Exploiting Opiyo: Ota Benga Style

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Jeanette Quinn, the Northampton woman who brought an eight year old Ugandan boy from Gulu, a town devastated by civil war, to the United States, ostensibly to seek medical treatment for severe wounds turns out to be a self-seeking publicity hound.

Quinn must immediately surrender guardianship of the boy, Opiyo Ivance, whom she brought to this country under dubious representation. The Black Star News will encourage and promote legal action against Quinn unless she steps aside.

This newspaper has learned that since the publication of a one-sided whitewash article in The New York Times this week, Quinn has been contacted by Hollywood producers: She planned to bring them to the Brooklyn hospital where Opiyo is now being monitored. Quinn’s head needs to be examined: she is exploiting this poor boy as if he were a little creature--much like Ota Benga, the Congolese so-called Pygmy who was brought here and displayed in Bronx Zoo alongside an Orangutan in 1906.

As readers following Opiyo’s saga in the pages of The Black Star are aware, the boy has been in Brookdale Medical Center since an incident at John F. Kennedy International Airport on March 20, 2007. Quinn was apparently trying to return Opiyo to the streets of Gulu from whence she removed him.

She had brought him late last year to the United States after she found him in the streets of Uganda: Unless credible paper work showing proper procedures were followed in authorizing the removal of Opiyo from Gulu to bring him here, kidnapping charges cannot be ruled out—this, regardless the fact that the boy may have been homeless. Was Quinn’s fitness to care for a boy with trauma such as Opiyo’s evaluated? Was Quinn’s mental fitness reviewed?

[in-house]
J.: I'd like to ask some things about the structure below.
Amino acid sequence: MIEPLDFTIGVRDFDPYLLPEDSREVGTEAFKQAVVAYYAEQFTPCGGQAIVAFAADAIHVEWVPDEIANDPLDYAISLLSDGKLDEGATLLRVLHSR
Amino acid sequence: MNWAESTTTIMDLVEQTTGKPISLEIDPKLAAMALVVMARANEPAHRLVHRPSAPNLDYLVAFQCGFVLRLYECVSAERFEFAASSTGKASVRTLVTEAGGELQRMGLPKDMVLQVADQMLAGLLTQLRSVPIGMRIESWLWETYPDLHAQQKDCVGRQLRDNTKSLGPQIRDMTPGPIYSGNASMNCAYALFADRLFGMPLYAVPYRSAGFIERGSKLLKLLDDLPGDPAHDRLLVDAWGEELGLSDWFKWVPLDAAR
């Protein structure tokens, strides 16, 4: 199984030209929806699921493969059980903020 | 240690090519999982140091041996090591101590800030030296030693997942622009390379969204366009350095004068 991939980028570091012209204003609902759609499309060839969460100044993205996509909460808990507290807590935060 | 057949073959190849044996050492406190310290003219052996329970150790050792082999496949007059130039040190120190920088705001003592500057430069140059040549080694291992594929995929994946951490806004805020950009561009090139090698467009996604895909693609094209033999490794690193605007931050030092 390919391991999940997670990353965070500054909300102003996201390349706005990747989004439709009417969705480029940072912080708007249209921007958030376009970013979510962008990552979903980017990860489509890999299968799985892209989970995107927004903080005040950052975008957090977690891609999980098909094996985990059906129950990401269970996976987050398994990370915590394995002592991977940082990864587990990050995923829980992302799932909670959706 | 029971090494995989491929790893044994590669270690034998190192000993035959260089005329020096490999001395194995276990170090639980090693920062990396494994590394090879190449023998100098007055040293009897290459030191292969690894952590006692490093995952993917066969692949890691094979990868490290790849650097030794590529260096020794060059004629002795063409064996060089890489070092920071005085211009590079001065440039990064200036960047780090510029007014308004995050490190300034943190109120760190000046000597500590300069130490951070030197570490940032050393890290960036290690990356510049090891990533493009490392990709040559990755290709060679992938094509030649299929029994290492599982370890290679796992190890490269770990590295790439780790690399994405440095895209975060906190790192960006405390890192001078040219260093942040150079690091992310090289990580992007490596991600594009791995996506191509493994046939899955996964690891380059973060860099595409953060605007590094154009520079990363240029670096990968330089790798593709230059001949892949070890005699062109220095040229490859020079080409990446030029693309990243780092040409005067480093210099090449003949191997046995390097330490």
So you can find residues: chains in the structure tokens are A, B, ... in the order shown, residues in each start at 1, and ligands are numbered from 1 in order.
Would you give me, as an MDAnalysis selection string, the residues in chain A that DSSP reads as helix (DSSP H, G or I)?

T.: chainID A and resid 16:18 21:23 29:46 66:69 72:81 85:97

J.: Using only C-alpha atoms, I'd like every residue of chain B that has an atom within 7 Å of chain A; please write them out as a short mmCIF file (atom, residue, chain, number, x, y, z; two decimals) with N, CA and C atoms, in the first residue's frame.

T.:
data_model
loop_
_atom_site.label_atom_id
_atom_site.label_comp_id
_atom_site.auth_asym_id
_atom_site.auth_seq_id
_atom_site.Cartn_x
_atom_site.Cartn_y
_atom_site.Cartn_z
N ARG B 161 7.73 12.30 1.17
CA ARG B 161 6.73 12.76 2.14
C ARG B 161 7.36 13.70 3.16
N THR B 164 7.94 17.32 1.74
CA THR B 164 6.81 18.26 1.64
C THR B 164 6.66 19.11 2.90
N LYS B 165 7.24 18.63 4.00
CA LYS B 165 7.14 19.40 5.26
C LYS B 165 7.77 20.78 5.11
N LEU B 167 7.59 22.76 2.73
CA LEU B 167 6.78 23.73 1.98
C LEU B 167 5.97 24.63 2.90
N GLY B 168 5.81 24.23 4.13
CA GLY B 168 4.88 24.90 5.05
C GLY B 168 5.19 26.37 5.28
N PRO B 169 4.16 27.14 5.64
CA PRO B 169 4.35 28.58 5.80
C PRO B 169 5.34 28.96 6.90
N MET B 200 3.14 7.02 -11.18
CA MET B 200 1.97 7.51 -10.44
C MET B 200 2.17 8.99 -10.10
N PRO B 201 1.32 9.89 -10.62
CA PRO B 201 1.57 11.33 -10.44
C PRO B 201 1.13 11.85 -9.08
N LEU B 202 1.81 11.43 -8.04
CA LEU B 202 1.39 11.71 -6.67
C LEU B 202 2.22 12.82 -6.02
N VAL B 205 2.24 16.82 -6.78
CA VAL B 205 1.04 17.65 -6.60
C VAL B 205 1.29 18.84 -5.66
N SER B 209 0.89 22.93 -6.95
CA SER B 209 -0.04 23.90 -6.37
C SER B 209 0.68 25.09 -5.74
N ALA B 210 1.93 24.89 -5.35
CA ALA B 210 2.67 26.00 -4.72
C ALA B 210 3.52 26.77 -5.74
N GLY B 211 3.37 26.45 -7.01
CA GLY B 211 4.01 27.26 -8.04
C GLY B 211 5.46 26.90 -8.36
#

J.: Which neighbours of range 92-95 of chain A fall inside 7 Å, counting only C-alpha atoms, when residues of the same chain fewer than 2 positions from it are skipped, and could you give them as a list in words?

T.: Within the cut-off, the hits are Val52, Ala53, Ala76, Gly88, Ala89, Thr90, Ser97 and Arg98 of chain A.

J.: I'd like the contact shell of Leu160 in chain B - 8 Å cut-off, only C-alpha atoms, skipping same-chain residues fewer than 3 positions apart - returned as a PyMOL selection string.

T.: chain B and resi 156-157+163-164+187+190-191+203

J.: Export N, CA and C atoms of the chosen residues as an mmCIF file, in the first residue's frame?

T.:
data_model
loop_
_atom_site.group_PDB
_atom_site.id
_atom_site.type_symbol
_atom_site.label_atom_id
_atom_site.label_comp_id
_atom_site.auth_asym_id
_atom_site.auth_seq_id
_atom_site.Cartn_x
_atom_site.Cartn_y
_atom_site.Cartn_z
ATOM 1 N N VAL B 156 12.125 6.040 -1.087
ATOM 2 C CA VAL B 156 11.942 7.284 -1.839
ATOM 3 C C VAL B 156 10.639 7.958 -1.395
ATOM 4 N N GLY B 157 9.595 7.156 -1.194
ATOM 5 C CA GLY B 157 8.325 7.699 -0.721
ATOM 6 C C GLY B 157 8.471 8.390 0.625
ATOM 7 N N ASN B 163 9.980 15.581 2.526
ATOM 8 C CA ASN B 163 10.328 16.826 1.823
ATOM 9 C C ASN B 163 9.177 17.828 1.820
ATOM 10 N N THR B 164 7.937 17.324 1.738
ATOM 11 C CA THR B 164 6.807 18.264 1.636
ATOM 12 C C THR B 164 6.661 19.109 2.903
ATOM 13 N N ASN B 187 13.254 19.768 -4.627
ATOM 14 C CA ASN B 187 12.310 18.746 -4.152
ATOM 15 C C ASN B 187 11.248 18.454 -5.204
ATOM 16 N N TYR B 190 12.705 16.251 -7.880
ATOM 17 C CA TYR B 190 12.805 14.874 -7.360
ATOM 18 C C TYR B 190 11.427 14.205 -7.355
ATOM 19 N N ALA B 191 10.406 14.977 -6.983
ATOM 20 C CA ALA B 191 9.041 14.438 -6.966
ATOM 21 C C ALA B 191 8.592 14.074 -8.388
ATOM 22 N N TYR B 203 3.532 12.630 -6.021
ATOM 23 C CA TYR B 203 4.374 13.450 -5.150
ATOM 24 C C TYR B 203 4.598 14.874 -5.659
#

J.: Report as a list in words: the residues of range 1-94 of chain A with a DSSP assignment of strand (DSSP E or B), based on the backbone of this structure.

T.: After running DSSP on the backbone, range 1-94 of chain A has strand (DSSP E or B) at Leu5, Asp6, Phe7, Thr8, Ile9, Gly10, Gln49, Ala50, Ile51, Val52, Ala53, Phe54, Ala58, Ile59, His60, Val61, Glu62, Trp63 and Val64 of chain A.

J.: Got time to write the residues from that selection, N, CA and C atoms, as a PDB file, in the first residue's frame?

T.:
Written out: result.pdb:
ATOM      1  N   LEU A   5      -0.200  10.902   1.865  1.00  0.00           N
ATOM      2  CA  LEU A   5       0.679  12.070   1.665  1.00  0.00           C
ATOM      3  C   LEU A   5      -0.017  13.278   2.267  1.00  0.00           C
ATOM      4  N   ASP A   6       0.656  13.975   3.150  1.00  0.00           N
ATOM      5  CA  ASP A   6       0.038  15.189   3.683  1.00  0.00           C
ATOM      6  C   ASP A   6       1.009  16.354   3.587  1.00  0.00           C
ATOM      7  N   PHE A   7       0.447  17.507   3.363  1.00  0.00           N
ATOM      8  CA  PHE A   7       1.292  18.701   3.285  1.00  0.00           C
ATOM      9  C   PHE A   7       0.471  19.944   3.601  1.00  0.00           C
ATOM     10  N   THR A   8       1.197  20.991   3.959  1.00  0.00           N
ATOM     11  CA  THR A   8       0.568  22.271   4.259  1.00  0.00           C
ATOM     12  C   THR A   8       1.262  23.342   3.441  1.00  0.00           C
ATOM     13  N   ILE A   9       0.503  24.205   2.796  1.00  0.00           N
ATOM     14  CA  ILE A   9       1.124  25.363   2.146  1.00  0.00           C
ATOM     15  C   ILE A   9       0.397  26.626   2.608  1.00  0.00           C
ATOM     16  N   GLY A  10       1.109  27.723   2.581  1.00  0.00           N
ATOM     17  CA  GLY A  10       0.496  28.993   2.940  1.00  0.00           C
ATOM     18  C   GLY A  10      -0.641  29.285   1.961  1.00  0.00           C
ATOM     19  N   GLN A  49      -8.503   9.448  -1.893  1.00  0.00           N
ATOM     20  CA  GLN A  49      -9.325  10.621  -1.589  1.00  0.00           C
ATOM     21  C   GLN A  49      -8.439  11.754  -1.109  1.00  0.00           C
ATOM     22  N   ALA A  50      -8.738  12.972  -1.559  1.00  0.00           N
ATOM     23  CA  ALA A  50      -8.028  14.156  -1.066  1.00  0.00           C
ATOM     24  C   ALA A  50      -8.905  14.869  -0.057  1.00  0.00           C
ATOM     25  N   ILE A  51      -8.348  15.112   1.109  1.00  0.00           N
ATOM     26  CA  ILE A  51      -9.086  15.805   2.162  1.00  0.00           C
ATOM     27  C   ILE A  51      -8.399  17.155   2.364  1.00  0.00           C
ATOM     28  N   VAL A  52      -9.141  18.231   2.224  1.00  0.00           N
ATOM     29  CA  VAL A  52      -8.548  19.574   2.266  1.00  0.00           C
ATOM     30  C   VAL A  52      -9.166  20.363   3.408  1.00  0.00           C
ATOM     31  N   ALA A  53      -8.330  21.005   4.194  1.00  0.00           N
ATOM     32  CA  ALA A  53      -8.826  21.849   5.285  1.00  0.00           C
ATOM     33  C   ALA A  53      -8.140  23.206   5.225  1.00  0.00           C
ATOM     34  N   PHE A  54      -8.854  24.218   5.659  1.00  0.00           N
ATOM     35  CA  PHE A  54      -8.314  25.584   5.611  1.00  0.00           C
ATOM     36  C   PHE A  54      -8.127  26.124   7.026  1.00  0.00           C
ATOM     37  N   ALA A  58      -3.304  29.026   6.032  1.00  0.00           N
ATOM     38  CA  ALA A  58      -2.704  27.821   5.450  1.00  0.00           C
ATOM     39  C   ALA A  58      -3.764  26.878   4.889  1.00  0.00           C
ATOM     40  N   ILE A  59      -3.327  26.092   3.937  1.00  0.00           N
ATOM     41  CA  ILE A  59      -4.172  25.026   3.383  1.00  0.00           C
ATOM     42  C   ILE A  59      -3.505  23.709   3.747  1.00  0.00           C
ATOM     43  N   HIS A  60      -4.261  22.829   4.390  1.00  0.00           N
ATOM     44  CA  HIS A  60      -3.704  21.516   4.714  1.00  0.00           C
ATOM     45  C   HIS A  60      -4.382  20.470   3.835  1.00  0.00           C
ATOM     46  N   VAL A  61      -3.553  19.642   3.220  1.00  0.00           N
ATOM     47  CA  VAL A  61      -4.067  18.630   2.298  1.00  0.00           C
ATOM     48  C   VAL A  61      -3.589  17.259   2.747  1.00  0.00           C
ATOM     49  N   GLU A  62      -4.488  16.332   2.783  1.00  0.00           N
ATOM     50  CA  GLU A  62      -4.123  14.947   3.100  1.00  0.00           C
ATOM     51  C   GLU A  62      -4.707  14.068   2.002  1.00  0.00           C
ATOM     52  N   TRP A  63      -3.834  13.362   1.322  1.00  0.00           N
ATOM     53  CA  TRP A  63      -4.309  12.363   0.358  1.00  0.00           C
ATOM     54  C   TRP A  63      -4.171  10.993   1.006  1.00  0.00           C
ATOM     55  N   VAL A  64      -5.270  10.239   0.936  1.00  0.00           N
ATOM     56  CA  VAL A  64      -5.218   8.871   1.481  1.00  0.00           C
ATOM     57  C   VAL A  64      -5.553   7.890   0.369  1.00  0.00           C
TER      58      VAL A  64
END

Quinn is no pure humanitarian: Once in Northampton, Massachusetts, residents were touched by Opiyo’s plight and by the severe wounds he suffered as a result of Uganda’s war. The residents donated $10,000 to help Quinn take care of Opiyo.

The Black Star News has learned that only a few hundred dollars remain: What happened to the rest of the money? The boy has been here about five months—did he consume $10,000 worth of groceries?

After placing Opiyo in a Northampton school, Quinn was not satisfied at the rate at which he was learning English and she yanked him from class: She placed him in another school and again yanked him. Moreover, she wasn’t happy that Opiyo wasn’t getting along with her dog. She decided to dump him back to Uganda.

While at the airport, the boy, probably completely traumatized because of being treated like a yo-yo (compounding his existing trauma) struggled with a person he probably then saw as a tormentor. The National Guard and New York Police soon surrounded the boy – thankfully he wasn’t shot.

Opiyo was whisked in a straightjacket to a hospital in Queens, and sedated with, who knows what kind of drugs: Since then, he’s been confined at Brookdale, where, away from Quinn, he has improved remarkably.

Brookdale was considering releasing Opiyo to Quinn on Monday. Such a travesty must not be allowed. The City of New York would bear liability. Opiyo cannot be returned to this Hollywood hound.


Send comments to milton@blackstarnews.com


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